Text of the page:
How do you know if it’s working?
Job-performance evaluations are the subject of many studies in the sociology of work and inequality (including a new article by Emilio Castilla in American Sociological Review). In the professoriate, the job evaluation process is all over the place — teaching evaluations, peer-review of research for publication, peer-review of grant applications, conference acceptances and invitations, reviews of books, awards, comprehensive reviews at promotion time.
Last week I got two decisions from peer-reviewed journals (both rejections), got a bunch of chapter reviews for my book from people who teach family sociology courses, and conducted informal evaluations in my undergraduate class. Each of these types of evaluation is useful. In reverse order, here’s how I think they are.
1. Informal course evaluations
A class of 57 students is small enough to have a discussion, but big enough for some people to never speak up. Before my midterm exam, when they still haven’t gotten much formal feedback from me except some quiz grades, I asked the students to answer three questions anonymously: favorite thing about the course so far, least favorite thing, and suggestions for improvement. (As suggested here.)
The answers ranged from “love the material, love sociology in general” to “can be a little boring when it’s just lecturing”; from “really enjoy the lectures, powerpoints, sense of humor🙂 class is never boring” to “SO MUCH READING.” The bottom lines were nearly unanimous, however: More discussion and interaction, more video clips, and turn the lights up. Great advice, mission accomplished, course improved.
It’s hard to know what’s working in a class because, although I’ve been teaching “Families and Society” for five years at UNC, I change the material and readings every time, the students change all the time, and for all I know I change every time, too. Unless you repeat the same sequence with only specific changes, it’s hard to know which innovations produce which results. The mid-course evaluation helps make improvements right away and identify potential problems that people are reluctant to speak up about publicly.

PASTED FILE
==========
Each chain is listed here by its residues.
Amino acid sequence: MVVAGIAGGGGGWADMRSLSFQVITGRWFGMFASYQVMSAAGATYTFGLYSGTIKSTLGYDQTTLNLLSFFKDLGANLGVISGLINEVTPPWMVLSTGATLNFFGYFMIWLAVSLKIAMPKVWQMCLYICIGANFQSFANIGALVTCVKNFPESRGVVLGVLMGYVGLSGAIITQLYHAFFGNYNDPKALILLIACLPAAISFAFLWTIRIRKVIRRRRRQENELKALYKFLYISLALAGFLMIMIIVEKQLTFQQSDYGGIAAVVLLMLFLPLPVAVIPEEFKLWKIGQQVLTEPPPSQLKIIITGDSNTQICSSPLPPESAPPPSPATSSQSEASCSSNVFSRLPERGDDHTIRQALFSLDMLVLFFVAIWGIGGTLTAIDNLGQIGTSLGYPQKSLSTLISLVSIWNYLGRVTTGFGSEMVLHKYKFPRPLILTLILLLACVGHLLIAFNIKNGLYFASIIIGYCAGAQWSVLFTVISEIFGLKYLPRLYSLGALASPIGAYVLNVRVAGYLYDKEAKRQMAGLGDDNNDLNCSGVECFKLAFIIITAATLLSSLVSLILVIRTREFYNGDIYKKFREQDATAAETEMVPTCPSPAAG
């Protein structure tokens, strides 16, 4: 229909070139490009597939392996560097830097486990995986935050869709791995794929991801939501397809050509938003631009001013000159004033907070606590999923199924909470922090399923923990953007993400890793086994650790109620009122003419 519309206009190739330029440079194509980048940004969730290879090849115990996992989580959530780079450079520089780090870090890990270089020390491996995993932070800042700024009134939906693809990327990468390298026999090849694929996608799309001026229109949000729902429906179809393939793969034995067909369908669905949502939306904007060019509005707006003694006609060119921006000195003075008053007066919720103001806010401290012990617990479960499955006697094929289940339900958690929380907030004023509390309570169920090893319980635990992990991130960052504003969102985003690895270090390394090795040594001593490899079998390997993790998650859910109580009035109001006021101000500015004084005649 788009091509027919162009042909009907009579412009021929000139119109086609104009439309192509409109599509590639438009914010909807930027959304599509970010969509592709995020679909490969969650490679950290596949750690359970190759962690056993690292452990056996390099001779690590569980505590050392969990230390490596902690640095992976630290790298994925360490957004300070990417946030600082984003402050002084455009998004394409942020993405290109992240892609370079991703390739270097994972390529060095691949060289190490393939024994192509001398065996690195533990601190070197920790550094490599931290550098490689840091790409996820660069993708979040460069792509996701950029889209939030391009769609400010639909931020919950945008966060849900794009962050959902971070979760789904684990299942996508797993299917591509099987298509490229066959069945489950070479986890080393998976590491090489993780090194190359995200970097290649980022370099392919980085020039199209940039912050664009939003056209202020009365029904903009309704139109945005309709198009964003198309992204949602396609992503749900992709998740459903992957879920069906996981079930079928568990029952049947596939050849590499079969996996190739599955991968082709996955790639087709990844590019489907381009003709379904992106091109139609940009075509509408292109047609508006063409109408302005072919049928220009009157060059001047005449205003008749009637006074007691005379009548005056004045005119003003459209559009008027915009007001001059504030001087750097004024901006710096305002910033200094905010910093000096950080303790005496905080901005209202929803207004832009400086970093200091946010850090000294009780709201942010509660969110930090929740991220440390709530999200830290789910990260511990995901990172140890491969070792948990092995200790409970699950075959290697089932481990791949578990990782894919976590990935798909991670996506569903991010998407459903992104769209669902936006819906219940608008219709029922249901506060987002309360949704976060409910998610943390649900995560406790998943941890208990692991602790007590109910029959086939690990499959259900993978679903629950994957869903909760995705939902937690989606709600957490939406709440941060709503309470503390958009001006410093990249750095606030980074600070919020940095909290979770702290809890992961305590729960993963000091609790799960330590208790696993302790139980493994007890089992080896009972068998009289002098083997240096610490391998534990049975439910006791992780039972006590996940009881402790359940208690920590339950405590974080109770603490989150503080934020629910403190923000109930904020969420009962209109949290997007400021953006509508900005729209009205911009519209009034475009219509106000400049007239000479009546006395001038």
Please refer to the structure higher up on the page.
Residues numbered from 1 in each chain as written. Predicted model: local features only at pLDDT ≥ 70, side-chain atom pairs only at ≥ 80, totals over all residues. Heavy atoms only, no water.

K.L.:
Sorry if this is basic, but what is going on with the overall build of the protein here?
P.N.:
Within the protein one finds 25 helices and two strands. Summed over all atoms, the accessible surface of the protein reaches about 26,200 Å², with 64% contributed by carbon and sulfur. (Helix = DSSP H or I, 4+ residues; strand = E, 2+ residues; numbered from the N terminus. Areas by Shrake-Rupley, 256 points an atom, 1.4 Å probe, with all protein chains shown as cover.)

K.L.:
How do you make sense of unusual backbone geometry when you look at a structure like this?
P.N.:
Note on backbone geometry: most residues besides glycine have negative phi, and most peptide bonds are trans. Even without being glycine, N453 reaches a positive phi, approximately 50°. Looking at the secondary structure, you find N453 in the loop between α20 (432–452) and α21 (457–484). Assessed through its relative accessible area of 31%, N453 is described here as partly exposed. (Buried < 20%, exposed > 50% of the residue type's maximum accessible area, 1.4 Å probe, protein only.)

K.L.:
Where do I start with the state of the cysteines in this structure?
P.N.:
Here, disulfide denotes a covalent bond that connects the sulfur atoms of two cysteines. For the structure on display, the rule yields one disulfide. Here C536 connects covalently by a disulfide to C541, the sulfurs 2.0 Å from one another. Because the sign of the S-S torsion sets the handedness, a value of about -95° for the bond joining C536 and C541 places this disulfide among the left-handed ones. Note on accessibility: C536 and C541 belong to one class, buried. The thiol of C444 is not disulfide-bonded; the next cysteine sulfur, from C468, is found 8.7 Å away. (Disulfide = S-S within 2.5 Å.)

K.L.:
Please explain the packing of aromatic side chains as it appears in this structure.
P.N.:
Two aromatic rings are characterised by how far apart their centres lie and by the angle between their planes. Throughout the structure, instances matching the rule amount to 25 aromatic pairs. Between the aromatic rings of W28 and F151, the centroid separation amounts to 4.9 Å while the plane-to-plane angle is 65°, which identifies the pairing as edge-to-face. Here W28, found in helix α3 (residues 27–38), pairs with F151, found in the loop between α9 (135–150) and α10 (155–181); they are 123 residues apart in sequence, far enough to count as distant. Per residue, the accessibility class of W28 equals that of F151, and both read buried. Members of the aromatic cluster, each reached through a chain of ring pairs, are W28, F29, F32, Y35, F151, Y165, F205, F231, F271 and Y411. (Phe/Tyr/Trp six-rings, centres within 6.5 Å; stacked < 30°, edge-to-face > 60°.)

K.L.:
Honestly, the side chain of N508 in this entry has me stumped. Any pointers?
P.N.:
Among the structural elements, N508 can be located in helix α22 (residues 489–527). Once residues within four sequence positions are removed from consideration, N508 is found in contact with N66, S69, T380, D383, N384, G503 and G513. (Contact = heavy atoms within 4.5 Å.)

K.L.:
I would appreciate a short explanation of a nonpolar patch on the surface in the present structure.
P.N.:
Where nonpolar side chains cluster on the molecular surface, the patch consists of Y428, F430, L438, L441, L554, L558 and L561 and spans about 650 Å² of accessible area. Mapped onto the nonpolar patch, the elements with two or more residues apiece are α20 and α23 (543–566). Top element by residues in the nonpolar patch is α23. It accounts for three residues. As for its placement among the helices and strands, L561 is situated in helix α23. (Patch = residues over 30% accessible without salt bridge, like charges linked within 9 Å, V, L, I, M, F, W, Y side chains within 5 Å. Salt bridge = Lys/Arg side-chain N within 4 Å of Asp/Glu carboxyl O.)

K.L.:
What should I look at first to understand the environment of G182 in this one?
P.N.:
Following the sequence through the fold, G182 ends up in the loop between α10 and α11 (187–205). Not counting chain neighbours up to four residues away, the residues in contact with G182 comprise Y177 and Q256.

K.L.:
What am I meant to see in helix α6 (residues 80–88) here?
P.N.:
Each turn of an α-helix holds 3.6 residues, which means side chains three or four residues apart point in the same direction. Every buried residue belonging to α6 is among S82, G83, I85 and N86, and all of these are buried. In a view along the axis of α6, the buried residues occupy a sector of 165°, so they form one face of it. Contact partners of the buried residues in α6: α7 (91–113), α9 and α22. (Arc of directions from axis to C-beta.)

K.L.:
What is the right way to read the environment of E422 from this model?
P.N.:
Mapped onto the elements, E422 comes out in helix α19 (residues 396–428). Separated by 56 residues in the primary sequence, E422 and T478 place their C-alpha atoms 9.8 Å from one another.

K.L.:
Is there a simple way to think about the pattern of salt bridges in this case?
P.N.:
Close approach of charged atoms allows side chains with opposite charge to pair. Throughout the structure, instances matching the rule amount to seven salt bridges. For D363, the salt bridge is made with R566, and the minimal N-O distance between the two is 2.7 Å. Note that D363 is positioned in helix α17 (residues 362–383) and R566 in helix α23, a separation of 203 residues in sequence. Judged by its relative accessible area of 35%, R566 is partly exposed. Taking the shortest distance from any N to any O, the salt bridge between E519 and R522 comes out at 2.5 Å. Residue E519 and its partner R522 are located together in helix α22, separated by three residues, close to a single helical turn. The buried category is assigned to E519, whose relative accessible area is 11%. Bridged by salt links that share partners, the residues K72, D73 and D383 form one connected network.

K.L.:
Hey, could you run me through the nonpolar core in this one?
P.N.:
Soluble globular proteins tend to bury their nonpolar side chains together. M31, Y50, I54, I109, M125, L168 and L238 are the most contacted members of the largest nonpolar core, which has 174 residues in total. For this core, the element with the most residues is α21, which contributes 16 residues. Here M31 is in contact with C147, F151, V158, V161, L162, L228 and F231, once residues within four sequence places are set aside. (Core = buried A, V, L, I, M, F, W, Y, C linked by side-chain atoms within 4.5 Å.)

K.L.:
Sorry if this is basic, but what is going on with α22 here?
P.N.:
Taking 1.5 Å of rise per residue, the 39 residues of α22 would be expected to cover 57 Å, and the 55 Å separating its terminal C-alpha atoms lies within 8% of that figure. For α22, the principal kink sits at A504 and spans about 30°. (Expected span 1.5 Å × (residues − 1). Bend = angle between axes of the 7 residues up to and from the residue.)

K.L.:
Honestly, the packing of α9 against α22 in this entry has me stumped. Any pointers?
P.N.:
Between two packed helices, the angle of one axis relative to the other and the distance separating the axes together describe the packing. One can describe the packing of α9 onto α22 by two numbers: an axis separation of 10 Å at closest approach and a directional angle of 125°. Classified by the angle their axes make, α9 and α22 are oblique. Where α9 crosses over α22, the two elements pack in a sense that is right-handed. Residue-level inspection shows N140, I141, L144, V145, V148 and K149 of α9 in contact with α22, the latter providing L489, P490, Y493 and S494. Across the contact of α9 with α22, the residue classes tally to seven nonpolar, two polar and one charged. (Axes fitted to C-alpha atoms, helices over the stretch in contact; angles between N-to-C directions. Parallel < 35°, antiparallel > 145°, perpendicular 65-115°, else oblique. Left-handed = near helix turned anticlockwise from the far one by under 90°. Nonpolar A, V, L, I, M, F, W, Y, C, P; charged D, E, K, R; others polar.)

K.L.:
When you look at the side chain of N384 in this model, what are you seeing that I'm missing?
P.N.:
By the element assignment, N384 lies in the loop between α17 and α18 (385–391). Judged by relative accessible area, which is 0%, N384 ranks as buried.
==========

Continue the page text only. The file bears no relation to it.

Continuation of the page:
2. Book chapter reviews.
The editor for the book I’m writing at W. W. Norton, Karl Bakeman, sends my chapters out for review as I draft them. We must have had a few dozen reviews so far. The ways these reviews differ exemplify why it’s hard to evaluate your own course: there are too many variables in play to compare them all and know what’s best. Each person compares my chapters with their own experience and knowledge, what and how they teach, and their own sociological perspectives. Imagine that, for each reviewer, there are at least three possible schemes: the way they used to do it, how they do it now, and how they’d like to do it. Then multiply that by the number of possible ways to organize the book and frame the subject matter.
What I hadn’t realized going into the process was how valuable these different views would be for trying to create the best possible book – and the best possible courses to come out of it. Not by taking everyone’s advice, but by weighing the range of opinions and interpretations. What’s hard about teaching one course may be a benefit to a book project that aims to improve many people’s courses.
3. Peer-reviewed research
Since I already have tenure — and even have my next job lined up — I can be philosophical about the journal rejections. Of the articles I’ve published, very few have been written by me alone, as these last two were. And each of them was a struggle, involving premature submission and outright rejection. My first drafts of journal articles are (to date) awful. And the revisions I do myself before submitting them for publication are not much better. I could protest, but the data to support this generalization are too clear. It’s not that the research or findings are found to be wrong (usually), but rather that the writing and framing aren’t clear, the cut corners are too glaring, and the ambition is overreaching. This pattern represents a substantial imposition on my peers, who volunteer to review this research, and I owe it to them to try to learn from this and do better.
Having also written a round of tenure review letters this year, I also know that there is pressure from some quarters to critically evaluate collaboration, to make sure each scholar makes an “independent” contribution and deserves individual recognition (in the form of lifetime job security). My own experience reinforces my tendency to downplay the risks of crediting people for collaborative work.